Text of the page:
Retirement: Gender financial gap is worsening amid savings imbalance

August 10, 2021 | Stephanie Asymkos | Yahoo!Finance

Stacy Miller, CFP® was recently featured in a Yahoo!Finance article titled Retirement: gender financial gap is worsening amid savings imbalance. In it, author Stephanie Asymkos shares Stacy’s insights into why women are often fall behind men in retirement savings.

First, I think it is important to note that the gender wage gap means that women earn 83-cents for every dollar a man earns. Unfortunately, multiple factors can make it worse, resulting in the gender wealth gap, which is the lack of wealth needed to live comfortably in the future (retirement).

Some of the unique challenges that women face every day can have a compounding negative effect on their ability to successfully achieve their future financial goals. Women are often the caretakers in the family. This means taking time off work to care for children and aging parents. This time off means fewer opportunities for contributing to workplace retirement plans (for example, a 401(k) plan), and fewer opportunities for pay raises and promotions. Additionally, women statistically live longer than men, and therefore their retirement portfolio would need to be larger than men’s to last longer. The pandemic is exacerbating the already poor condition of women’s future financial security because it has profoundly affected sectors more commonly filled by women such as hospitality, travel, and education. Homeschooling became a requirement in some locations, and women have taken on the bulk of that responsibility. These factors are leading to a vastly wider gender wealth gap.

Compounding interest and compounding returns are the keys to successful investing. Saving and investing are the keys to future financial success. However, women are often busy managing their careers and their families. It is for these reasons that women often do not make time to manage their own finances and delegate it to their partners. It is not a lack of competence, but often a lack of time and sometimes a lack of confidence.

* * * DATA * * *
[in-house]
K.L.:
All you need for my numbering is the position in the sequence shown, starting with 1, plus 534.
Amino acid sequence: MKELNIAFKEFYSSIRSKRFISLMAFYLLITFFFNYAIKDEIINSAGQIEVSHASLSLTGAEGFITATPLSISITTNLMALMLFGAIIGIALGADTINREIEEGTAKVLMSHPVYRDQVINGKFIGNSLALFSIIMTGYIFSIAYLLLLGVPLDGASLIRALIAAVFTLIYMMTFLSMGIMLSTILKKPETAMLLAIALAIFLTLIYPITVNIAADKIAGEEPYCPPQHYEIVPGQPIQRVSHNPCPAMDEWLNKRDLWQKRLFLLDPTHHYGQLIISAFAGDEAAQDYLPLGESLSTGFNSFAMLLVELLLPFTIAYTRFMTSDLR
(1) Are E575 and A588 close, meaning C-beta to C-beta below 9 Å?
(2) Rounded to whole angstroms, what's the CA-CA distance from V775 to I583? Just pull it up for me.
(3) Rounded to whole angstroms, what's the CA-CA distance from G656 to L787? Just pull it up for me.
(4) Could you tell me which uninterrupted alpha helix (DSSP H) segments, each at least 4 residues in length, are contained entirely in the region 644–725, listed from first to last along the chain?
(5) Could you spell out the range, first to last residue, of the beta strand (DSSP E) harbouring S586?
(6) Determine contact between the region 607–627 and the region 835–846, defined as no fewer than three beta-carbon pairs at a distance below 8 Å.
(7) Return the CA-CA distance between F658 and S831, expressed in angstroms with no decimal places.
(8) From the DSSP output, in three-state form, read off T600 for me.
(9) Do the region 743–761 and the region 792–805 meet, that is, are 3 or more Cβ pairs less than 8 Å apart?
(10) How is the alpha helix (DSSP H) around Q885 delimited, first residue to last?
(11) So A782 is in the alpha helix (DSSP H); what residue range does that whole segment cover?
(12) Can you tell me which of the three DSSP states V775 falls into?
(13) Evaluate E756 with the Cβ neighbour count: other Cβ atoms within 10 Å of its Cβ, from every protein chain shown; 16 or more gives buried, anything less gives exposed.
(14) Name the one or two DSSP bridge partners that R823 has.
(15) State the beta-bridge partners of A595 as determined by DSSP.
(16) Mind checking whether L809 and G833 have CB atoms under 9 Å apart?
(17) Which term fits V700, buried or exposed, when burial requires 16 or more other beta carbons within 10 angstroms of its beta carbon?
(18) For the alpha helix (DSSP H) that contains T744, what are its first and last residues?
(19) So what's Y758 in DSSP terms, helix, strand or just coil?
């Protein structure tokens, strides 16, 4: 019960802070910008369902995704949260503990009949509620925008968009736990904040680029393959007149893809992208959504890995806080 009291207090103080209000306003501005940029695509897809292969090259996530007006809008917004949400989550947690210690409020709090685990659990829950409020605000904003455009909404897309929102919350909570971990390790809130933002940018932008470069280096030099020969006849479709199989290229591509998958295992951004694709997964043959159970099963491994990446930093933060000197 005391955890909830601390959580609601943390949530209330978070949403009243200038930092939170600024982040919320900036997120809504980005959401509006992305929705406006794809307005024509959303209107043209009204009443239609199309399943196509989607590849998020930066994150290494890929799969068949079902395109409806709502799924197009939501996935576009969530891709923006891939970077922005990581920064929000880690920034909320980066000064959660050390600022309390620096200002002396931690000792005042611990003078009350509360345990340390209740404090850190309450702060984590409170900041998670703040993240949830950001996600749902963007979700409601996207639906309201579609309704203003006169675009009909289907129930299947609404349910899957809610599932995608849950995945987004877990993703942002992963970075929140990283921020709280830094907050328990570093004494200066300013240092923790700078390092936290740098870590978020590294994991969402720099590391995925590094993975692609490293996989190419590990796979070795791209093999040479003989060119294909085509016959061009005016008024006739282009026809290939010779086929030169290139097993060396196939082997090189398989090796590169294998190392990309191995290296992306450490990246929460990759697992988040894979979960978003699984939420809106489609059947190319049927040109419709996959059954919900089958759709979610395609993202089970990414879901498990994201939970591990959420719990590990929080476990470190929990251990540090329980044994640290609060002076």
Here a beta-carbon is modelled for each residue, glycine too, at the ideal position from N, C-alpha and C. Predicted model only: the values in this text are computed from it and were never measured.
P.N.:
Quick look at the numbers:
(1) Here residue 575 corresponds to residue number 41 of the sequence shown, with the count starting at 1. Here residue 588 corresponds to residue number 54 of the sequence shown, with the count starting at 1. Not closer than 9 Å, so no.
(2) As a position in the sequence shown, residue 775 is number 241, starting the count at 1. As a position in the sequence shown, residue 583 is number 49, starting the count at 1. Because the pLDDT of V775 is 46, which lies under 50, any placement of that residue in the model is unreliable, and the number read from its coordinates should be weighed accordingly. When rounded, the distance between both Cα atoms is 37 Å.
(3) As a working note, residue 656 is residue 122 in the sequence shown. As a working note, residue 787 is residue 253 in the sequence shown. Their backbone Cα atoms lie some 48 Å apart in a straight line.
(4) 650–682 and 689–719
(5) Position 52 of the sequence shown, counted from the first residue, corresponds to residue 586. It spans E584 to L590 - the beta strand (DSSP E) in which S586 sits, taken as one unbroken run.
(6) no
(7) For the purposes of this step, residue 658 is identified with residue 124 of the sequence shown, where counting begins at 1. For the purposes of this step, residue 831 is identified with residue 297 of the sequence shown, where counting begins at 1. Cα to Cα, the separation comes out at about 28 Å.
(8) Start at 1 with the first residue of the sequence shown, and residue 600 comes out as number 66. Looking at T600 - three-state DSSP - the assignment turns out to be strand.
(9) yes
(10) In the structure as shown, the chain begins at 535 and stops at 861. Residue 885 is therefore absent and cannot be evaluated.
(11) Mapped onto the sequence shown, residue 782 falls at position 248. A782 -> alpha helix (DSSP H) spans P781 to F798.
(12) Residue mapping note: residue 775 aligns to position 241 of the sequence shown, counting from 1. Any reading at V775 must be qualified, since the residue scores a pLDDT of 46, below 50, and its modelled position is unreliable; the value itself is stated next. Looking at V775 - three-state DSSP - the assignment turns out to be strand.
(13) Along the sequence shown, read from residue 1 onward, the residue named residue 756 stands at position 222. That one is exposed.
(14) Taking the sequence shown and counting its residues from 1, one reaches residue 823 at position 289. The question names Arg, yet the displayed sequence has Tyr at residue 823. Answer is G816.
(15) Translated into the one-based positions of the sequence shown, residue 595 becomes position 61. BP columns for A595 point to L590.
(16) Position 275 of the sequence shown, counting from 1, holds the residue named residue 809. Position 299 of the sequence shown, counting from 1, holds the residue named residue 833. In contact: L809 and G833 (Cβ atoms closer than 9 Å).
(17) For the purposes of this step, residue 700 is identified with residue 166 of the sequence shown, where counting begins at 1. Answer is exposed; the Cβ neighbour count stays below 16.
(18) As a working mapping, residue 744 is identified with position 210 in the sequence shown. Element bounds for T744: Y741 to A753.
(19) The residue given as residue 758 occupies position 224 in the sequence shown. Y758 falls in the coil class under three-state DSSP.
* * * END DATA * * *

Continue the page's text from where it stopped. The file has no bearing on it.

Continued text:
While money is the #1 stressor for women, taking action is their #1 source of confidence. So, what can women do to close the gender wealth gap in retirement?

  • Ask for a raise or a promotion.
  • Establish and maintain an emergency fund (3-6 months of cash that is only used in an emergency or crisis).
  • Maximize your opportunities in pre-tax or tax-deferred investment accounts; retirement, health and education accounts such as 401(K), IRA, HSA, 529, etc.; especially if there are matching opportunities.
  • Start having money conversations with your partners, parents, and kids.
  • Understand where your money is going every month.
  • Make S.M.A.R.T. (Specific, Measurable, Achievable, Realistic, and Timely) goals for saving and investing, decreasing expenses, and controlling debt.
  • Protect yourself and your family through estate planning (Will, Durable Power of Attorney (POA), Healthcare Proxy, Living Will, etc.) and with insurance (Life, Health, Property, Disability, etc.)
  • If due to time or interest you delegate your financial responsibility, make certain you delegate to an expert or someone you know, like and trust.

Invest in your future financial security now. Your future-self will thank you.

 

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